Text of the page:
Outside of its motivational aspects, it also plays as a sort of parenting fable, where the nurturing effects of supportive parents can be directly linked to a child’s drive and ability to succeed in reaching their goals. The key relationship in Zombie Girl is the one between Emily and her Mother, who does everything on Pathogen from special effects to feeding extras to holding a home-made boom mic throughout much of the filming. While most parents are content to let their kids burn through the hours playing video games as long as they stay quiet, Emily's mother teaches her a valuable lesson about following through, especially when things become overwhelming.
Marshall talks about the two main ideas of Zombie Girl that took shape during filming and editing, “There are a couple of things that you can take from watching the film. One is, no matter what goals you have, just (taking) the idea of pursuing your passions and your interests and dedicating yourself to stuff and just being able to make things happen, you know, work hard at it. Also just the role of the parents in helping to nurture their children and helping them follow their dreams and how important that is to have that as well.”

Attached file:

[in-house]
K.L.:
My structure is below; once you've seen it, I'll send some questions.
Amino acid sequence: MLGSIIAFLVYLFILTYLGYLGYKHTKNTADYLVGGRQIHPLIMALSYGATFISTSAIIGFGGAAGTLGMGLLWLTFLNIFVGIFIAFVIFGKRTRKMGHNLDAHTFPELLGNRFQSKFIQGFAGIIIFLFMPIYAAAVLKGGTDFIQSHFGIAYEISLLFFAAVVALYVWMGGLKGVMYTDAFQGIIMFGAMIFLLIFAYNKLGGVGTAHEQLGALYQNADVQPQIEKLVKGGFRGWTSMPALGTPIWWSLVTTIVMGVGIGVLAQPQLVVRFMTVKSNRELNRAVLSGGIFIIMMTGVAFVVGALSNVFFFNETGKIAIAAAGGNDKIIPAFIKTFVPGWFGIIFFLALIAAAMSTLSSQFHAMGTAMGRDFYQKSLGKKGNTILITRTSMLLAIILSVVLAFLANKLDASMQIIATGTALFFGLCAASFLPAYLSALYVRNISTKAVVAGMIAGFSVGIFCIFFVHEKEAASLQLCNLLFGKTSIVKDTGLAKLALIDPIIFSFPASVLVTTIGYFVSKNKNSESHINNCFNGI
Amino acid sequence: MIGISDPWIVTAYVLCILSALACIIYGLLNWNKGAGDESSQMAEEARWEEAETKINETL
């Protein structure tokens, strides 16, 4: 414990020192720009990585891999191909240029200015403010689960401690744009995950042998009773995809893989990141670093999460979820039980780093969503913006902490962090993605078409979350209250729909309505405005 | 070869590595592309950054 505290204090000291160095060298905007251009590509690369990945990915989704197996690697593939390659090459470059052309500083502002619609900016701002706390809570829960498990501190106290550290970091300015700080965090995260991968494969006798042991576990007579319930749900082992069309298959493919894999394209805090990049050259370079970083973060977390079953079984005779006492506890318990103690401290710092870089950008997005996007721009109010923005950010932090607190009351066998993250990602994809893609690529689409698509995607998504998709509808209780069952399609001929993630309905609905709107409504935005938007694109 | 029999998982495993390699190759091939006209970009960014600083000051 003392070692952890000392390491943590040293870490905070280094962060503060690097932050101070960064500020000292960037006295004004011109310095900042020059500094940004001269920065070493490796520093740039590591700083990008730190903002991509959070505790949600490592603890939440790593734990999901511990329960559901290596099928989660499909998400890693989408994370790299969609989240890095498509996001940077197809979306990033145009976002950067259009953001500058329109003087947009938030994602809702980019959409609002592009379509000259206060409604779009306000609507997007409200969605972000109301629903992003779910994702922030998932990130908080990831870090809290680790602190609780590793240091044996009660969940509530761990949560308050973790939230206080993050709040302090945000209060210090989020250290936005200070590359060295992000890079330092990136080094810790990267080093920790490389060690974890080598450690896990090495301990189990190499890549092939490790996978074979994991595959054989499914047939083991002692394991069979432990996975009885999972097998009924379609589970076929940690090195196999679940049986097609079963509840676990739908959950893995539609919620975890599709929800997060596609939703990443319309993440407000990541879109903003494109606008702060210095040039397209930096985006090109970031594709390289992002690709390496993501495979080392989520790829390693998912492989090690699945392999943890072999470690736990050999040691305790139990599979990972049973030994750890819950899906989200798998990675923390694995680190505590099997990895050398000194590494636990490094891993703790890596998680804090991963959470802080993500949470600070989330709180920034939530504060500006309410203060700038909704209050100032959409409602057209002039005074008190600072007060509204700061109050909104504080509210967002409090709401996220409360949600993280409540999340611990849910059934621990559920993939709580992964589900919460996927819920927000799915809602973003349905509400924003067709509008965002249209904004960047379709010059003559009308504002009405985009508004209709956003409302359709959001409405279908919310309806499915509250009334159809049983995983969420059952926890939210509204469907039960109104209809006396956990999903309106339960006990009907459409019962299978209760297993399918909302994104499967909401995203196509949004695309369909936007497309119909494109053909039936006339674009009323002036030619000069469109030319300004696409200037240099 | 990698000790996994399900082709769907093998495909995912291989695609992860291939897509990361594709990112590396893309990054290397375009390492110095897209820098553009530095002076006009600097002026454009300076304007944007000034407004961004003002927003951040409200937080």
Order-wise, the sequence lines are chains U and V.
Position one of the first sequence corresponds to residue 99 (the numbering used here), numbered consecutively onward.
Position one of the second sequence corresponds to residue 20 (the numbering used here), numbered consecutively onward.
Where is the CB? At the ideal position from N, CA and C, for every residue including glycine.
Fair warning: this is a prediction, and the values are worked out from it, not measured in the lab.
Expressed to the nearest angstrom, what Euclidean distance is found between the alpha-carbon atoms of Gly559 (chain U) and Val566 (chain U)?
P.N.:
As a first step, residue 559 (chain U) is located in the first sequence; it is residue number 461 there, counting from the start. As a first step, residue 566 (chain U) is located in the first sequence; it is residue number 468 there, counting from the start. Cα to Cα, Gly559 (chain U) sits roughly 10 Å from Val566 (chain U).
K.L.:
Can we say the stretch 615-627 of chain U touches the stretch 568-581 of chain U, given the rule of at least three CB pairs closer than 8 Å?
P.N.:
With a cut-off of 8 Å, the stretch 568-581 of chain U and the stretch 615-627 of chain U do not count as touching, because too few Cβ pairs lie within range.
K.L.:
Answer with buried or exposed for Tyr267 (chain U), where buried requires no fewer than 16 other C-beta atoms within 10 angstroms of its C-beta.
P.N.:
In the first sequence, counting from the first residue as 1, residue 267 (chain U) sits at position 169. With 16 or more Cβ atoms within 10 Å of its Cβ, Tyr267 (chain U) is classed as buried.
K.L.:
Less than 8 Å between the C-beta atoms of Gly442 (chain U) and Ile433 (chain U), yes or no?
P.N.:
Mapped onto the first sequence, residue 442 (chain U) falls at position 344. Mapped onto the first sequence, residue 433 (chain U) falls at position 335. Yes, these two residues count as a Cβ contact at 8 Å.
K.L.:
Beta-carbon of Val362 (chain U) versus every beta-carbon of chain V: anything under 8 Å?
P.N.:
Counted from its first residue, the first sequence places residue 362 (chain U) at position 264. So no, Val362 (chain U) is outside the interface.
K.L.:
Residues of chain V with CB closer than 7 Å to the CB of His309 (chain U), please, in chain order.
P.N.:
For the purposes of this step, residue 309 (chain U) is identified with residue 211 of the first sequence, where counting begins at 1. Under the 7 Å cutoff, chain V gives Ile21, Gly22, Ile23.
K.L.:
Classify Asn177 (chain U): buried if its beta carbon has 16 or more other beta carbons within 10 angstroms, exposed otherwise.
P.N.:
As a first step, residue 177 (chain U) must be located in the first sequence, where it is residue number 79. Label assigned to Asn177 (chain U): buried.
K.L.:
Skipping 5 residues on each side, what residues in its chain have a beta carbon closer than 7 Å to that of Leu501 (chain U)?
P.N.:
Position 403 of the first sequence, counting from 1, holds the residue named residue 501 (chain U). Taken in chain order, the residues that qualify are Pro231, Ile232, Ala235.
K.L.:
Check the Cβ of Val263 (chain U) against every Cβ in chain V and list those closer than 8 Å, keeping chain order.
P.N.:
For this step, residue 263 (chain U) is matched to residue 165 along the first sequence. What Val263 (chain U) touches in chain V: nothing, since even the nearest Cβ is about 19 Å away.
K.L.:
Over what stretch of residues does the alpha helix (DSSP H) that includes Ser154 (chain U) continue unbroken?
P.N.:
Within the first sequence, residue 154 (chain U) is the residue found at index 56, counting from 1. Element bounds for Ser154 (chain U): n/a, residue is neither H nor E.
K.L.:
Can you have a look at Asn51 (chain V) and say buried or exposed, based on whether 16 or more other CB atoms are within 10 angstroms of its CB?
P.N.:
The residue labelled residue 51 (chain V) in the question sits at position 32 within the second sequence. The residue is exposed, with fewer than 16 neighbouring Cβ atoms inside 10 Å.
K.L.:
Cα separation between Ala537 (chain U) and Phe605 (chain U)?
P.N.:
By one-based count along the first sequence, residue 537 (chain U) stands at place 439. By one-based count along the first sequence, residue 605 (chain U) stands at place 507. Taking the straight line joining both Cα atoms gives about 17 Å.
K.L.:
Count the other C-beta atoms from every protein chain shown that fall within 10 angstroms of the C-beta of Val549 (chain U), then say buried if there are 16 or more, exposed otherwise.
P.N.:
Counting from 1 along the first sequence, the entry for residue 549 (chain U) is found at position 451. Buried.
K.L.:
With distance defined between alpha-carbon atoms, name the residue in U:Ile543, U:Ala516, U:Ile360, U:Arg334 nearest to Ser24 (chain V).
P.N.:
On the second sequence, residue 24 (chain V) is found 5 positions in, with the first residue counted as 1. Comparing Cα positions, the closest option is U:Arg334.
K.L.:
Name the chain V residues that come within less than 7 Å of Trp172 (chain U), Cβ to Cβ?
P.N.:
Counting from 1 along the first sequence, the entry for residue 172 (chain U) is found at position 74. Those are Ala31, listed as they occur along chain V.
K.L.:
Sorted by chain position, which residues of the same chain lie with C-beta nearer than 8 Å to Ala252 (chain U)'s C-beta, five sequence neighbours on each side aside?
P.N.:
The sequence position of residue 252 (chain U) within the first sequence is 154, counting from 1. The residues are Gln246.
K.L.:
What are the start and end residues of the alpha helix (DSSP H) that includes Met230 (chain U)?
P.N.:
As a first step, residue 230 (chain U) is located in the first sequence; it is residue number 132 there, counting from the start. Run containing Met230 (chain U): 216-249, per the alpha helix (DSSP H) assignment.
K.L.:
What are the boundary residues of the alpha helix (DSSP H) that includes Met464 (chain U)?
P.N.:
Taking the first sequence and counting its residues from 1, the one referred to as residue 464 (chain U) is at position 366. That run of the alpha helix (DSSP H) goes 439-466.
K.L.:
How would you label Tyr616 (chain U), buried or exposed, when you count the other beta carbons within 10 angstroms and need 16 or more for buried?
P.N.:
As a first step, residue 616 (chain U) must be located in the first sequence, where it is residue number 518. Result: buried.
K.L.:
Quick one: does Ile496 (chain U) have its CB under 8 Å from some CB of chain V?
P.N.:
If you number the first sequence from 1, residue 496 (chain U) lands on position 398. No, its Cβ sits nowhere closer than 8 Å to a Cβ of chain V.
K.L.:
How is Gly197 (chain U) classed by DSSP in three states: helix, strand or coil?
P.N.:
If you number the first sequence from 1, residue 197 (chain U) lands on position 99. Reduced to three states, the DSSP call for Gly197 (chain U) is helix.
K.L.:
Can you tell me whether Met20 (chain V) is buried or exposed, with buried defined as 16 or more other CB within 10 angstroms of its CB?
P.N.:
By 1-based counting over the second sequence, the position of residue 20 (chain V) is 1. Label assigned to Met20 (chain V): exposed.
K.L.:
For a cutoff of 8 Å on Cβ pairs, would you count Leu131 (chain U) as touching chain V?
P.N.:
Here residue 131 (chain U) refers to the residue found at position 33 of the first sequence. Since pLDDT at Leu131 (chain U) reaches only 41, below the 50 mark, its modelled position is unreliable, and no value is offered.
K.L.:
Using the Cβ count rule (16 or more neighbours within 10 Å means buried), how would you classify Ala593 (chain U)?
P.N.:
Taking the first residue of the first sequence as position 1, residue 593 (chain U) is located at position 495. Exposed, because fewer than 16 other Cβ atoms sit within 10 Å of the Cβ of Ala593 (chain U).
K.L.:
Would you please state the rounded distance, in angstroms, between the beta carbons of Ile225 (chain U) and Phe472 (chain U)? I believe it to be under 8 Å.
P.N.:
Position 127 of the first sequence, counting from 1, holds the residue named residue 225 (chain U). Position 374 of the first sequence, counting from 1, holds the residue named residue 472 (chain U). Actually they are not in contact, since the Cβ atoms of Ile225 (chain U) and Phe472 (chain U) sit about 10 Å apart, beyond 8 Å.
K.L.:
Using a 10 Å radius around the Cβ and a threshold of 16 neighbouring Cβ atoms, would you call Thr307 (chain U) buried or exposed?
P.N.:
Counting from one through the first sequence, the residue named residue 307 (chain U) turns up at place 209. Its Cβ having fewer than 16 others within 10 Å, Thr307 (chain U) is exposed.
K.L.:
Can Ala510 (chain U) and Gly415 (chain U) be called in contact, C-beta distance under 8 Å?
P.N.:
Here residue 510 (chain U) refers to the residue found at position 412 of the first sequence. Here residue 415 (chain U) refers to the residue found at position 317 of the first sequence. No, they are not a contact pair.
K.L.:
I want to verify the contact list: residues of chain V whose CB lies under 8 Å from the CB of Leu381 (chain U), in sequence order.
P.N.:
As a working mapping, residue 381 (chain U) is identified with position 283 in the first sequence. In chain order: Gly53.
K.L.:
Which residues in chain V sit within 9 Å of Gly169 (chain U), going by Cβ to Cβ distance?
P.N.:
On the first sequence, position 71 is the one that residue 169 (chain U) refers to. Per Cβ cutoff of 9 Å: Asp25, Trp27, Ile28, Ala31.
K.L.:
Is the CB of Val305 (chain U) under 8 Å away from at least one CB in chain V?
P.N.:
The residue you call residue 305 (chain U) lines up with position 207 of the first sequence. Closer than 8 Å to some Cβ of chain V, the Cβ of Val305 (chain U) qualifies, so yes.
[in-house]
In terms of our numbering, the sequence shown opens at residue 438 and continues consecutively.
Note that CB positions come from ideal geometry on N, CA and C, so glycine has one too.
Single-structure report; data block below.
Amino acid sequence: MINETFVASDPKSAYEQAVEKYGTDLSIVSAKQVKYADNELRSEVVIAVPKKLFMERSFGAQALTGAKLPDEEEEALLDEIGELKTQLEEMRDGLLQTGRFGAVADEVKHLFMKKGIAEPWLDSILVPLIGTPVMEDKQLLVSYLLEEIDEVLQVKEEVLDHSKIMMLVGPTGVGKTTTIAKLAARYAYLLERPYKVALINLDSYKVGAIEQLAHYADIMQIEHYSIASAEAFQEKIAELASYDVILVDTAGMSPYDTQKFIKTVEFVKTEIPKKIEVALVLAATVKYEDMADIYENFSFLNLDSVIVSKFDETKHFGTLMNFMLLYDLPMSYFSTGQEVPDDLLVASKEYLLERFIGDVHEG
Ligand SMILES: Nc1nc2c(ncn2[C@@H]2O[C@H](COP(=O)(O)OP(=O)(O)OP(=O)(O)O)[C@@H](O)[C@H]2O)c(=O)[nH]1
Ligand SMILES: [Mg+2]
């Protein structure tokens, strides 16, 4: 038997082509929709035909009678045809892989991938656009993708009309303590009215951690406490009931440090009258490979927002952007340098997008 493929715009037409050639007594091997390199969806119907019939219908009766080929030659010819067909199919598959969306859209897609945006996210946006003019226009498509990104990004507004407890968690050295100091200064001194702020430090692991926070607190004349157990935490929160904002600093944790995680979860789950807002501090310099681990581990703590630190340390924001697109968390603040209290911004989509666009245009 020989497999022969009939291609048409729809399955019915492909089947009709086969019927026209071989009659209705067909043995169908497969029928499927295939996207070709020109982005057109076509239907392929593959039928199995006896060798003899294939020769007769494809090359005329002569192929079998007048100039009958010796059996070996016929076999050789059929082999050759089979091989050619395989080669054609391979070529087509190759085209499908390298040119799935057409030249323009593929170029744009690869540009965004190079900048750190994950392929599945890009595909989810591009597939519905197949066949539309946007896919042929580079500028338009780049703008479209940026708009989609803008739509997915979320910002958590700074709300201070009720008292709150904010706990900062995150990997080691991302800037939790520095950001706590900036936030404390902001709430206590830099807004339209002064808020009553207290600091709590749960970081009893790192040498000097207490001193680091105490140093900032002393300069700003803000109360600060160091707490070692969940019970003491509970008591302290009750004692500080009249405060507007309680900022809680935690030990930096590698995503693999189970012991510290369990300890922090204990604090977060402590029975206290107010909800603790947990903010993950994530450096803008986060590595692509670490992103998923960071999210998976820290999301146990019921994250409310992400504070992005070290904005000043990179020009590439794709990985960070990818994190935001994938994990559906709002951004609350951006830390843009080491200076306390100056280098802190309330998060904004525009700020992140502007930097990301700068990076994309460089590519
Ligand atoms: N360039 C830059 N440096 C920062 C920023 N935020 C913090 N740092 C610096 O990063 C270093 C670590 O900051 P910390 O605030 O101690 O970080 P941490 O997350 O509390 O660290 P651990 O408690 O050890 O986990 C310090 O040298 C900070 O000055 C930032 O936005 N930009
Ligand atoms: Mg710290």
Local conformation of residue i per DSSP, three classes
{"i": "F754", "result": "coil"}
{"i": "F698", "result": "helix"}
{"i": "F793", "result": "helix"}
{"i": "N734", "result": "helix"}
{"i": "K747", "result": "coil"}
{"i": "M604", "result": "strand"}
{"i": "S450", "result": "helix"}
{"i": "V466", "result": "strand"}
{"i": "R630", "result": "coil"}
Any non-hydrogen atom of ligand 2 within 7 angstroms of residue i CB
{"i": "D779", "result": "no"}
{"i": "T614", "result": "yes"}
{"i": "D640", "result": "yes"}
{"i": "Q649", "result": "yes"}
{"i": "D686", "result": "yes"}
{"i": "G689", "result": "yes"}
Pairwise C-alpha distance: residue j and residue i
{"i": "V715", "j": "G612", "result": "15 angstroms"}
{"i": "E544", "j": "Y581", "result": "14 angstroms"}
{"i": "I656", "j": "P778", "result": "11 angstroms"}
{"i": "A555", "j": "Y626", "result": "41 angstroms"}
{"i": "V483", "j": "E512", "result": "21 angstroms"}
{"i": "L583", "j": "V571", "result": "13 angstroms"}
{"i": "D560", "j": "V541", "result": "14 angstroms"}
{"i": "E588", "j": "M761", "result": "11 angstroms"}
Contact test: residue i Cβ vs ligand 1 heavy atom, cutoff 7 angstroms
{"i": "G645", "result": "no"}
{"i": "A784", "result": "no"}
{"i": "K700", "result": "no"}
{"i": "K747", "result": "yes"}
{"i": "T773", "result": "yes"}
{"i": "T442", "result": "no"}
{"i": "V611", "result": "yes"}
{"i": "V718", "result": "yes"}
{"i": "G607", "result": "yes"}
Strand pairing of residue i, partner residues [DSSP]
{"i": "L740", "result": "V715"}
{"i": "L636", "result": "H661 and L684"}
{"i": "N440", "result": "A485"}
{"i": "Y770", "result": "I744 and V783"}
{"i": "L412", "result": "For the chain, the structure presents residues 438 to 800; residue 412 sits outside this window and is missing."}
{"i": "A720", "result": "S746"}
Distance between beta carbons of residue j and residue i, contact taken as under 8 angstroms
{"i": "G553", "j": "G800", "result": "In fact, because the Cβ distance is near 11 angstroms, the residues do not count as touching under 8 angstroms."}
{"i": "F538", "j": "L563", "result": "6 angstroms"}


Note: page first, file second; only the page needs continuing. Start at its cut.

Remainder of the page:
Marshall says the main goal for Zombie Girl now is some kind of distribution deal. “We like the movie, we like the message, we want as many people to see it as possible, that’s kind of our goal, just get it in front of as many eyes as possible. We’re hoping for distribution to get it out there.”
With Emily having just finished her second movie, it’s almost certain that we’ll continue to see her making films well into the future. (I know I'll like be following her progress.) No doubt Emily’s story is just one of many young filmmakers coming up in an exciting time in the history of a relatively young medium. (After all, when compared to the fine arts, film is only about a century old.)
Zombie Girl is more than just an entertaining documentary about the making of a horror film. It’s a record of a new time in filmmaking, a “how to” manual for parents who want to know the best way to encourage their children, and a motivational tool for anyone who ever felt like they couldn’t do something because they didn’t know where to begin.
As with every good documentary, the target demographic is…everyone. Marshall explains, “It’s a movie that will very much appeal to genre lovers everywhere… all of us genre lovers can see a little bit of ourselves in Emily. But I think it can also appeal to any field of interest, it’s about a mother and daughter working together to accomplish a goal. I’m still excited about it here four years into it. It’s still a movie that I enjoy watching and I still think that it’s a good story.”
Once you watch this, you'll realize there really are no excuses for not doing whatever you want to do with your life. It's entertaining, it's funny, and I'm not gonna lie...perhaps I shed a tear or two watching Emily standing at her premiere in the famous film landmark, the Alamo Drafthouse. This is a talented young lady who reminds us all that the only person really stopping you from accomplishing your goals, more often than not, is yourself.